In the preface to the second volume of his anthology of lyrics, Look, I Made a Hat: Collected Lyrics (1981-2011) With Attendant Comments, Amplifications, Dogmas, Harangues, Digressions, Anecdotes and Miscellany, Stephen Sondheim recites an old joke regarding the encyclopedic scale of his ambitions, and why he chose to split the collection at the halfway point of his career in 1981: Quips Sondheim on what someone might say about a single volume encompassing his entire career: “I couldn't put it down — but then I couldn't pick it up.”

Volume 2, an erudite and entertaining, 453-page hardback coffee-table opus, includes a compendium of lyrics and related commentary pertaining to stage musicals from Sunday in the Park With George through Road Show, as well as the movies Dick Tracy, The Seven Percent Solution, The Birdcage and Water Under the Bridge. It also includes TV musicals, including Evening Primrose and the unproduced Do You Hear a Waltz?

The lyrics themselves are grist for any poet — the simplicity, brevity, wit and clarity that conforms to prosaic mantras oft-stated in the book: “Less is more,” “Content dictates form” and “God is in the details.”

The book's sizzle comes from Sondheim's commentaries and anecdotes. His digression on critics (“Critics and Their Uses”), on what distinguishes critics (who dissect ideas and intentions) from reviewers (slogging in deadline-generated ignorance to report an event), and on the use and uselessness of each, have been bouncing around the blogosphere, met with various degrees of indignation when his point is actually benign: He ends up saying that to rely on the opinions of strangers, whose purpose is to issue a consumer report, probably isn't helpful for artists, though it may be helpful in the marketplace. Even insipid and ignorant chatter is better than silence when it comes to letting people know that the theater still exists.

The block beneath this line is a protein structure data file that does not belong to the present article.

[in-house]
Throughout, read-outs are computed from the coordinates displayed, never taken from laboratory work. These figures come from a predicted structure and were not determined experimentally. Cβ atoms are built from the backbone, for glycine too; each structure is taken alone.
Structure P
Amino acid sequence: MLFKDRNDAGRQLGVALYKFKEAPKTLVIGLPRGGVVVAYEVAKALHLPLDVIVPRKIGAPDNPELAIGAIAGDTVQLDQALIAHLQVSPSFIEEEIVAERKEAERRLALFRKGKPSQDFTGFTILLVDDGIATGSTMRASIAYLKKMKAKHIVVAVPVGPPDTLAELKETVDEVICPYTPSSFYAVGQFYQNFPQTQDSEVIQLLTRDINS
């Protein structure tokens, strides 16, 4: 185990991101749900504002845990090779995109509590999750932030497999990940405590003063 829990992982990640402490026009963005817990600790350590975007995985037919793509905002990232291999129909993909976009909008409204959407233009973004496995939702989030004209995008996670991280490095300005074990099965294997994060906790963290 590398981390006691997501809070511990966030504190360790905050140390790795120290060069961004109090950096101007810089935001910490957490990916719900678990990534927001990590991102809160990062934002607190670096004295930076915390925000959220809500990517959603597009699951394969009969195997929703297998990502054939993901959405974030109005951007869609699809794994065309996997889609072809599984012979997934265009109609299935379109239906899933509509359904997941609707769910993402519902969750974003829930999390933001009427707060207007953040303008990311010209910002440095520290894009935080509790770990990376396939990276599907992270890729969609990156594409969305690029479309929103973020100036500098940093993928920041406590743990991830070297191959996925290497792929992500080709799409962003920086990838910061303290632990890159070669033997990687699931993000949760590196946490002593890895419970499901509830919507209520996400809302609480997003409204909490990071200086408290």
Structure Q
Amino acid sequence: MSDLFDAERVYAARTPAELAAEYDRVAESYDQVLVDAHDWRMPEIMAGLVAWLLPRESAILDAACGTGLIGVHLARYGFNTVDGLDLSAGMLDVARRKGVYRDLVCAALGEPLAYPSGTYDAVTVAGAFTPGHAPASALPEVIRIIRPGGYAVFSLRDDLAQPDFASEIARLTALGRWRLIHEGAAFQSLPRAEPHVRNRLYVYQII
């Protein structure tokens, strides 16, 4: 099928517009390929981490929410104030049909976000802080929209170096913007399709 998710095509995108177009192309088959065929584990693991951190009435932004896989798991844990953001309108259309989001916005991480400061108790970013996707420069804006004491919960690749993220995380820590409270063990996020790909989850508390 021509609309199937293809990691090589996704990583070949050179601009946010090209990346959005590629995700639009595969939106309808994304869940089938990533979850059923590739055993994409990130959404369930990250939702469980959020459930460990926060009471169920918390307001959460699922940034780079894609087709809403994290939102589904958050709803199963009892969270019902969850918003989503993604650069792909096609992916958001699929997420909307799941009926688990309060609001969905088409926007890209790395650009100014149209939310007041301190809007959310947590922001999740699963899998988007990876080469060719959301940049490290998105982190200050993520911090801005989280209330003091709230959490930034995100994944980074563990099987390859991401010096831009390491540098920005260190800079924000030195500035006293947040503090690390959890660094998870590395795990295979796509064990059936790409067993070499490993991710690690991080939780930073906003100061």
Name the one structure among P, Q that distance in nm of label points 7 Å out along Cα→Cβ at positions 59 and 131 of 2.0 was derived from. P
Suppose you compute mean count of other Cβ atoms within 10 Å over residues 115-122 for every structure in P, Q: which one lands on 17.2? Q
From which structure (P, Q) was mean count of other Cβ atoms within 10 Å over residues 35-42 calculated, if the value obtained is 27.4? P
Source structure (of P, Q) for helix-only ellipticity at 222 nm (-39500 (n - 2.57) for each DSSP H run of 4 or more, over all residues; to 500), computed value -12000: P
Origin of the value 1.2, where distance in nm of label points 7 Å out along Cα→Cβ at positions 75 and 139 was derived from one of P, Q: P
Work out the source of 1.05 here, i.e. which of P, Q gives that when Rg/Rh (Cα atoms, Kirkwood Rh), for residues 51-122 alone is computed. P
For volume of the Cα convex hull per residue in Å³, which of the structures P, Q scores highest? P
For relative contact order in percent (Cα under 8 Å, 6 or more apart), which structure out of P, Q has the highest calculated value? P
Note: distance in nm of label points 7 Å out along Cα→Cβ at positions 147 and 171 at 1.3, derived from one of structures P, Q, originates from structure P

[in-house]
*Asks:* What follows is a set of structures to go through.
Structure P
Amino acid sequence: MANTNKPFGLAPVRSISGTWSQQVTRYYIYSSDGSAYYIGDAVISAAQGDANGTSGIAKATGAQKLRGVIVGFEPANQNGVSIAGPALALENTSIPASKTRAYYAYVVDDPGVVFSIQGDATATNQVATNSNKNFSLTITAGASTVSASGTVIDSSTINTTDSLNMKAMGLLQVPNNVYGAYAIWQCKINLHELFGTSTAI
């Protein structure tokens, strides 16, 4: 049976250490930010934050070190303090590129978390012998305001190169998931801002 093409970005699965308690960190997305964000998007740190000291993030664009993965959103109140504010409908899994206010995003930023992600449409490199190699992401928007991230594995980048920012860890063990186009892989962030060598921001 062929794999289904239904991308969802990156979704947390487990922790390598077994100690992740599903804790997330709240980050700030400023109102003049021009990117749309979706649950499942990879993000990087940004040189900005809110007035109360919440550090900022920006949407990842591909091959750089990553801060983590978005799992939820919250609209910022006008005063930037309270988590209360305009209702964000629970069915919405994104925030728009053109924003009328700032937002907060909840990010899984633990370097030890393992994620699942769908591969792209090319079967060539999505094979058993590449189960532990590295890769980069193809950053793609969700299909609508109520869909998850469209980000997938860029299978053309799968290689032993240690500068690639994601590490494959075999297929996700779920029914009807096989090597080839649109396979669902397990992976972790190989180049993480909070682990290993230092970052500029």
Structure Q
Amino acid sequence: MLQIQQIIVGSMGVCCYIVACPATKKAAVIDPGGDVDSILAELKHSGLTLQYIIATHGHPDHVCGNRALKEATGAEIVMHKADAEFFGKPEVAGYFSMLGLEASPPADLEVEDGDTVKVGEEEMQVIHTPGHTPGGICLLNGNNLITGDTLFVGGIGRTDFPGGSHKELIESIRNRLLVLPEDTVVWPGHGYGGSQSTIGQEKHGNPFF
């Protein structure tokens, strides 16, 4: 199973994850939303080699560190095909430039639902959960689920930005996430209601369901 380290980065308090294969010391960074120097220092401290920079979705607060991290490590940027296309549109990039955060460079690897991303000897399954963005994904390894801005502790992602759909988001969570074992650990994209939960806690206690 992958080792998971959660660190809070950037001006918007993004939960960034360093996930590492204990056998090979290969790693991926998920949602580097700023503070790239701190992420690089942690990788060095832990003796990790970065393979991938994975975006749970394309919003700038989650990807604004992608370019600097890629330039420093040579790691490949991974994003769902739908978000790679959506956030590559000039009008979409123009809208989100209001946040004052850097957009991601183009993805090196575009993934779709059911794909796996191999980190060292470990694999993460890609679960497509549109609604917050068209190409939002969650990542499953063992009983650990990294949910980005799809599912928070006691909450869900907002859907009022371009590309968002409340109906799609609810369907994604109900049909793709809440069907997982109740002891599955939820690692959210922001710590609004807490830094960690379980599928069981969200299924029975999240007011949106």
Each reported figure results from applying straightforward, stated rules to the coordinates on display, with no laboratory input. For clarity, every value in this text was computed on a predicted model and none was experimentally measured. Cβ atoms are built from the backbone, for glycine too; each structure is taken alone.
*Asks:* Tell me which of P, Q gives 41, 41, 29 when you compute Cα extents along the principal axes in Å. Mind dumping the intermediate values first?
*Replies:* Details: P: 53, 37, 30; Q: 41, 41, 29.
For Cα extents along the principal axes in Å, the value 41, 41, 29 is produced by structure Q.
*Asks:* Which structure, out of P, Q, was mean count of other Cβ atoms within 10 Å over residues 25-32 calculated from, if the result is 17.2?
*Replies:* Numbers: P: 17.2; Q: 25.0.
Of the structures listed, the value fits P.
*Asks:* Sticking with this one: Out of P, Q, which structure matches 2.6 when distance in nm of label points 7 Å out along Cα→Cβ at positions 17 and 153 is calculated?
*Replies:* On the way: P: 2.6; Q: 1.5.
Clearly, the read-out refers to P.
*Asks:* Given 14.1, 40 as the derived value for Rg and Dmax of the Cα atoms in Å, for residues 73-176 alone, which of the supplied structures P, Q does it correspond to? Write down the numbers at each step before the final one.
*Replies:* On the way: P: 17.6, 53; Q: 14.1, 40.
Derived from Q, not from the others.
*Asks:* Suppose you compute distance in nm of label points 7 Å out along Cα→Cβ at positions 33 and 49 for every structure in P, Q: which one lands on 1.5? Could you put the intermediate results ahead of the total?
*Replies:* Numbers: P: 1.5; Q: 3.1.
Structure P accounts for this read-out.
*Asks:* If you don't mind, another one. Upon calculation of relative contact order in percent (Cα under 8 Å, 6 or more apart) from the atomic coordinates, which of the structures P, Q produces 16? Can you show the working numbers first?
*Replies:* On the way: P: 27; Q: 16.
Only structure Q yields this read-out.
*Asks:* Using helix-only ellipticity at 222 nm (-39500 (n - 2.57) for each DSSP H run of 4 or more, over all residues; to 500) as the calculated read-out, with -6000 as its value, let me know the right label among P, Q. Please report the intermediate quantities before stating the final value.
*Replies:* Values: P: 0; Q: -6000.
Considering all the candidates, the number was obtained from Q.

He adds that the quality of criticism has been degraded by the quantity and democratization of opinion by websites, but at least there's evidence of enthusiastic discussion. A lyric from the 1998 workshop production of Road Show (then called Wise Guys) sums it up: “Journalists/What would we do without journalists? What can we do about journalists? Gotta greet them with a grin. … I never know despair/Or doubt or gloom/If I can only look/Around the room/And see a journalist/And give him something to misquote.”

Of course this would simply be antiquated prattle, were it not for the diminishing attention spans to which Sondheim refers, which cut into the abilities of both critics and artists to build arguments and ideas that take time and space. The complaint is not so much against reviewers (whom he refers to as journalists) but against the very culture that handcuffs them. For example, he recalls that as a child, sitting in the upper rafters of an old Broadway house, listening to a musical without microphones, gazing down at the actors' faces — “the size of a dime” — having to strain to listen to their voices was an exercise in the kind of concentration that has largely evaporated from our times.

Sondheim concedes that there are a few critics he admires — when they write about others — as much as he admires peers who understand his ambitions and his intentions in creating a work of art.

Sondheim has almost no use for awards, he says — lifetime achievement awards feel like another nail in the coffin, whereas competitive awards raise the old conundrum of comparing potatoes with oranges, judged by people who are often not experts in the field. The cash can be helpful, he adds, if awards come with cash, but the esteem of winning and the bitterness of losing are all short-lived and ultimately irrelevant to the business of creating a poem attached to a song. —Steven Leigh Morris


LA Weekly